Wednesday, September 26, 2007

“Socialism allows for variations”

Here, courtesy of the Miami radio program “La Noche Se Mueve,” is an interview (Spanish, pdf) with Cuban economist Pedro Monreal, who works at the University of Havana’s Center for Research on the International Economy (CIEI).

The interview was given earlier this month when Monreal attended the Latin American Studies Association convention, which was held in Canada so that the Cuban delegation could participate.

Monreal is an academic, not a policy-making official, and he makes clear that he speaks in a personal capacity. But his comments on the Cuba’s economy and policy options are an interesting window on the ideas circulating in Cuba today.

It’s a long interview. For English-speaking readers, here are a few of the points he makes:

  • On the meaning of “structural change:” “Basically we are talking about institutional changes…eventually, including changes in types of property, organization, and systems of incentives.”

  • On political consensus: “…reforms that imply a structural modification will first require a political consensus…that today is not known; there is an intention to change, but my reading is that in Cuba there is now emerging a relatively slow process in search of a political consensus that could set the guide lines of this move to structural change.”

  • How to fix agriculture? “…I believe there would have to be a change in the way land ownership is structured…one would have to put at the disposal of private producers, family enterprises, and also cooperatives, a substantial part of the land – and not only that, but more flexible elements of land management would have to be introduced; so that not everything would be through such a centralized management, but also permitting a role for the market…”

  • On the state’s role: “I am among those who consider that a socialist state can accommodate – it’s not a contradiction – can accommodate a sector of domestic private property much more extensive than is being considered in Cuba now...I do not believe that a state must concern itself with endless things that today are done by state enterprises that do not do them efficiently and where it is proven that the private sector and cooperatives can do them much better.”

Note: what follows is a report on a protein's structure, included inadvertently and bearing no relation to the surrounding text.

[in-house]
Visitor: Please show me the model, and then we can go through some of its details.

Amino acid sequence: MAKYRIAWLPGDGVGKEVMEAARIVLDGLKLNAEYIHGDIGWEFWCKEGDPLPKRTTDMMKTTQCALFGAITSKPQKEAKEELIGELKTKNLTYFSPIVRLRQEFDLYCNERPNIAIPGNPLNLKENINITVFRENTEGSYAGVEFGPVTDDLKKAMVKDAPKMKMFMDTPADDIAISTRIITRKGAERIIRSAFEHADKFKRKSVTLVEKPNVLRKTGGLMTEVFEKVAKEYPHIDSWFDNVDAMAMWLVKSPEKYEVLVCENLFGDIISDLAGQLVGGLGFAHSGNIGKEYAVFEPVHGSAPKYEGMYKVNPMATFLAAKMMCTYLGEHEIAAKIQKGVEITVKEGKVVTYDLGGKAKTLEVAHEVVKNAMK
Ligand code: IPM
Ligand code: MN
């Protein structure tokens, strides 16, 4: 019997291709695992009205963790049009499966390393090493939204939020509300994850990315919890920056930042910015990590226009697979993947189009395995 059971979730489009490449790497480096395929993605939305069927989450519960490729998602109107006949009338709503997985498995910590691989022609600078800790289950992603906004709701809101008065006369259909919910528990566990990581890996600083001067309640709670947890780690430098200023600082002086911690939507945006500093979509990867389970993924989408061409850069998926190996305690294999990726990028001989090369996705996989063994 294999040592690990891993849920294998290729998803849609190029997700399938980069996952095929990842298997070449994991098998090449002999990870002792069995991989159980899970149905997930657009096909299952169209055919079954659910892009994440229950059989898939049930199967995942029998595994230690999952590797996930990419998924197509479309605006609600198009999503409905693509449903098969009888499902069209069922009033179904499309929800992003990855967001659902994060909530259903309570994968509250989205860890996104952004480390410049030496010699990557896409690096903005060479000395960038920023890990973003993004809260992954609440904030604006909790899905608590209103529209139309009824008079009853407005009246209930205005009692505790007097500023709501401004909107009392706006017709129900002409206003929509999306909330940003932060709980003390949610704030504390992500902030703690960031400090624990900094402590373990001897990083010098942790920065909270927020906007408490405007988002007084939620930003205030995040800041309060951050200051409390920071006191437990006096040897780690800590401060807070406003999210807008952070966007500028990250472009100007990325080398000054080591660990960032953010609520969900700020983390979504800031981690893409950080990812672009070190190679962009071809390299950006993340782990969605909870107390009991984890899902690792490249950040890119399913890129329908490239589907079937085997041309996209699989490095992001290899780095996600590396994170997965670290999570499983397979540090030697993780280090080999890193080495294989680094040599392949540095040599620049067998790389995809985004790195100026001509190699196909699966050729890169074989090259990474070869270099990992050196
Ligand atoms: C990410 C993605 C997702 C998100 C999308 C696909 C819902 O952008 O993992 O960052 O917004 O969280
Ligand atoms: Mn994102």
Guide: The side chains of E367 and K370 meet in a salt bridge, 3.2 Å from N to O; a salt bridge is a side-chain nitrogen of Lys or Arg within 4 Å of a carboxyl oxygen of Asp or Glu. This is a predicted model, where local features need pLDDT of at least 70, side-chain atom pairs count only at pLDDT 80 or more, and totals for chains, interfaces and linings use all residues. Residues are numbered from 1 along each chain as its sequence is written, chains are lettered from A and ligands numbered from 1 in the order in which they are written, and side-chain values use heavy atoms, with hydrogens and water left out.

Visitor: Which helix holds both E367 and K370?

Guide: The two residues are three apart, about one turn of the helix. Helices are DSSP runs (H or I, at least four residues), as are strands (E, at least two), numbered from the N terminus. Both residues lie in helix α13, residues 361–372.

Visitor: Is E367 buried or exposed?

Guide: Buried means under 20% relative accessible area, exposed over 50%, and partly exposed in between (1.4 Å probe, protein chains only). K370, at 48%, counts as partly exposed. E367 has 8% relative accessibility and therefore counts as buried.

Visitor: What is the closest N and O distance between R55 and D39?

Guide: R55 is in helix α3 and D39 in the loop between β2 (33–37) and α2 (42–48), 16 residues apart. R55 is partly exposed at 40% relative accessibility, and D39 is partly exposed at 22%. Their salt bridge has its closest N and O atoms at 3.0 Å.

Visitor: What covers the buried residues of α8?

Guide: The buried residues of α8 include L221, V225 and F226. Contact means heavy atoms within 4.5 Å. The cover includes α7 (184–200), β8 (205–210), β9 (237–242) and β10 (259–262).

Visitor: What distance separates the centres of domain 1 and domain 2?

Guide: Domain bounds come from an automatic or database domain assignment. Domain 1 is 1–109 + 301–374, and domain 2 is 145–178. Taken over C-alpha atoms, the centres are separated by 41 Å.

• On credit: “…there could exist a specialized financial sector, a state bank that would specialize in providing capital to persons who can demonstrate with a plan that they can be successful…but the question as to whether the state necessarily has to concern itself with auto body work, shoe repair, making electric appliances or repairing, I don’t know, blenders or producing food – not necessarily, that can be organized on the basis of cooperatives or domestic private businesses.”

  • Are these the ideas in Raul Castro’s July 26 speech? “…I’m not very sure because, really, what the July 26 speech did was to open a process that is not at all going to be a fast process; it is a process that implies, simultaneously, a reflection, the search for a consensus, and to implement some measures, because there are things that cannot wait for a finely developed consensus, for example, the typical case of food production is a problem that I hope is resolved in Cuba in the next year…”

  • On Cuba’s dual-currency system: “My opinion is that the coexistence of two currencies is an economic disaster…there has long been a realization on the part of the Cuban government that this had to be resolved, it is not sustainable…What blocks the solution that everyone knows is necessary? What blocks it is the lack of productivity in the Cuban state sector; if the state sector that supports that currency is not productive, the problem of unifying the currency can never be resolved…”


Mambi_Watch said...

Thanks so much for the summary, its a very informative post.

Anonymous said...

Does anyone think his ideas will be implemented by the Cuban gvt.? It is an honest question, not a rethorical one.

Anonymous said...

Anon, I have no idea if they will implement these policies in particular, but reform of some kind is underway. The time is ripe for that. What I'm sure about is that they won't accept any bullying from US or any other country. That simply don't work. Hard pressures and conditionings like the embargo may moves us towards a civil war in the long run if the situation worsens.

Tomás Estrada-Palma said...

Any way you slice it, socialism is voting on some portion of the individual's labor output by the ruling structure. I'd prefer to have all my labor and not be to one degree or another - a slave.

Fantomas said...

it took 48 years to think more rational